IRS releases list of 426 groups targeted for increased scrutiny

The Internal Revenue Service (IRS) has released a lengthy list of organizations it snagged for review three years after it became embroiled in a controversy over targeting tax-exempt conservative groups for increased scrutiny.

The IRS filed the list of 426 groups last month as part of a class action lawsuit. The names of another 40 to 45 groups that met the agency’s criteria for extra scrutiny and delays were not released since they opted out of inclusion in the lawsuit.

{mosads}Sixty of the groups have the word “tea” in their name, 33 have “patriot” and 26 refer to “liberty,” while others appear to trend liberal, with three having “occupy” in their name, according to The Washington Times, which first reported the list.

Edward Greim, the plaintiffs’ lawyer, told The Hill on Monday that the groups pursuing the lawsuit haven’t had a chance yet to scrutinize the process that the IRS used to generate it. However, “they seem to have caught everybody,” and if anything the criteria were overly broad, he added.

The IRS inspector general report previously said it had reviewed 298 cases as of May 2012.

A government watchdog in April 2015 said the IRS had made “significant” progress handling issues that led to improper scrutiny of Tea Party groups seeking tax-exempt status. The inspector general said the IRS was no longer targeting groups.

NorCal Tea Party Patriots filed the lawsuit against the IRS and some of its officials in 2013, shortly after an earlier inspector general report revealing the targeting was released. The group asserted claims under the First and Fifth amendments of the Constitution and the Privacy Act.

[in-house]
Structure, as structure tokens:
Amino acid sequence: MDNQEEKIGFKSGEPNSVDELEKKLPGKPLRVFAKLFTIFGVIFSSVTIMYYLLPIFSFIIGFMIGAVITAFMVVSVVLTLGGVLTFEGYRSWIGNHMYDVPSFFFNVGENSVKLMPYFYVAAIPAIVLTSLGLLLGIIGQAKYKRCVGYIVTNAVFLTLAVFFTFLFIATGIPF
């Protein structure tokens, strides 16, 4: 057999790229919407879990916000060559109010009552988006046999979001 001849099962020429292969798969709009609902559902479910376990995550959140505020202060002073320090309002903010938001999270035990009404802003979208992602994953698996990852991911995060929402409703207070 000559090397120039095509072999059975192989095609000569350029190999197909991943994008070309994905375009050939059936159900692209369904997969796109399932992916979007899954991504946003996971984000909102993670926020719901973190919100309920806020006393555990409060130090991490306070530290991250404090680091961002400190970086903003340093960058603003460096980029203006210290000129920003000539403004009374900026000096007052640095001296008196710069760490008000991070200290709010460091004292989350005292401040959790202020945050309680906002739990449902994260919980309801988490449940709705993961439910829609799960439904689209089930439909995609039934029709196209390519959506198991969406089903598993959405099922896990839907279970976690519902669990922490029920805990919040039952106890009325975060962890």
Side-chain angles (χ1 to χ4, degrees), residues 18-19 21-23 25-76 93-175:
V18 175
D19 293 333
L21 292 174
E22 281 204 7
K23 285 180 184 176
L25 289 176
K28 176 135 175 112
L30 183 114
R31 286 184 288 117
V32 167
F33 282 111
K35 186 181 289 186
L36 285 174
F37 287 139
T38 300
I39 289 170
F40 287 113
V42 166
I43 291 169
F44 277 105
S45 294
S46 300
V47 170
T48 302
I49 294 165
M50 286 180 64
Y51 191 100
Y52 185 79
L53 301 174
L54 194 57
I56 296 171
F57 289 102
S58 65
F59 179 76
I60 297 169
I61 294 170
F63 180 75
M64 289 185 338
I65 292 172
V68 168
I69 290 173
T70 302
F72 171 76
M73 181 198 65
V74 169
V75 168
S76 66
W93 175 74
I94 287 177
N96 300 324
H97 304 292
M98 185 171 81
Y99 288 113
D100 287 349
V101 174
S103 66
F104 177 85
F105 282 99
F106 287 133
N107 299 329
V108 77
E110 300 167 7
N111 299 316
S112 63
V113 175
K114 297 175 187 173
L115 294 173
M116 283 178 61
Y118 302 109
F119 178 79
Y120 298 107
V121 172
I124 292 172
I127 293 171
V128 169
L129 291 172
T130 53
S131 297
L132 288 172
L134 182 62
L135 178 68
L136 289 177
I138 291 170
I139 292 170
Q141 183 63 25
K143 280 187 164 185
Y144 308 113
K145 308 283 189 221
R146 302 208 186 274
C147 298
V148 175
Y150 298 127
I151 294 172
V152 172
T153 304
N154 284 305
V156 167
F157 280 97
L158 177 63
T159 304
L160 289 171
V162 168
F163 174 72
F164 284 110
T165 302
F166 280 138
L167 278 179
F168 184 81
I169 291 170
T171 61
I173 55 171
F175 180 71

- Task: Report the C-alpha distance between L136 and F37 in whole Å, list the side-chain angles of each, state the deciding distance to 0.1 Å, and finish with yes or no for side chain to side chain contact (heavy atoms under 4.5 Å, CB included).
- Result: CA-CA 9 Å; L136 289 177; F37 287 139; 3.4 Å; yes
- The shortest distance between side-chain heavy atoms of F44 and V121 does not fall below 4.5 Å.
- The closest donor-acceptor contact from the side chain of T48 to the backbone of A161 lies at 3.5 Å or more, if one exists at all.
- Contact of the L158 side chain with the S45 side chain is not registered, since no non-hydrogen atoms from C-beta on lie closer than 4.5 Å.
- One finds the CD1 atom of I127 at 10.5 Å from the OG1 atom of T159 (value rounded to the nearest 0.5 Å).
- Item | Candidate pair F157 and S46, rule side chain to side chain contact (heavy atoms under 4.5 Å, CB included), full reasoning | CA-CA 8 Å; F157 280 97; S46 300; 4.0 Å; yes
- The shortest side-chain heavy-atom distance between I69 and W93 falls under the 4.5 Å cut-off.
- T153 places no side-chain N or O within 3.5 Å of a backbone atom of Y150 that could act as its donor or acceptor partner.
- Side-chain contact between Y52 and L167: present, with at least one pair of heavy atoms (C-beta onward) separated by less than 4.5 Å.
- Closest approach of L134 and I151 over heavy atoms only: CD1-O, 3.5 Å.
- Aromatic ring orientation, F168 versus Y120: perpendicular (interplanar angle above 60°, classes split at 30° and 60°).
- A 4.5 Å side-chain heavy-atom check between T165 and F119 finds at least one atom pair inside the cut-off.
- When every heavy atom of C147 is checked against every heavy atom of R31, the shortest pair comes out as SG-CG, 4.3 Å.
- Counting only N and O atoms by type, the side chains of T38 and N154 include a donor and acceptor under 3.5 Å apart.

As part of the discovery process, NorCal had sought IRS lists of groups seeking tax-exempt status that were allegedly subjected to delays and requests for unnecessary information due to their political beliefs. NorCal also requested spreadsheets that the IRS had given to the inspector general for its report.

The group had asked for this information so it could identify other members of the class.

The IRS fought the request to produce the documents, arguing the names and other information about the groups were confidential “return information.” But the U.S. Court of Appeals for the Sixth Circuit ruled in March that the IRS had to produce the lists.
Afterward, the IRS sent NorCal a large number of documents from the period when the alleged targeting was taking place. Based on these documents, it appears that liberal groups’ names were added to the lists at later points during the period. One hypothesis the plaintiffs have is that the IRS added the liberal groups “to try to muddy the waters” once the agency realized it was being investigated, Greim said.
The plaintiffs are still awaiting some documents from the IRS about its process and the way the agency may have handled specific groups. They also plan to take more depositions from current and former IRS officials, Greim said.
As of now, a trial is likely to be held in summer 2017, Greim said.
— Updated at 4:01 p.m.
Tags IRS IRS Tea party
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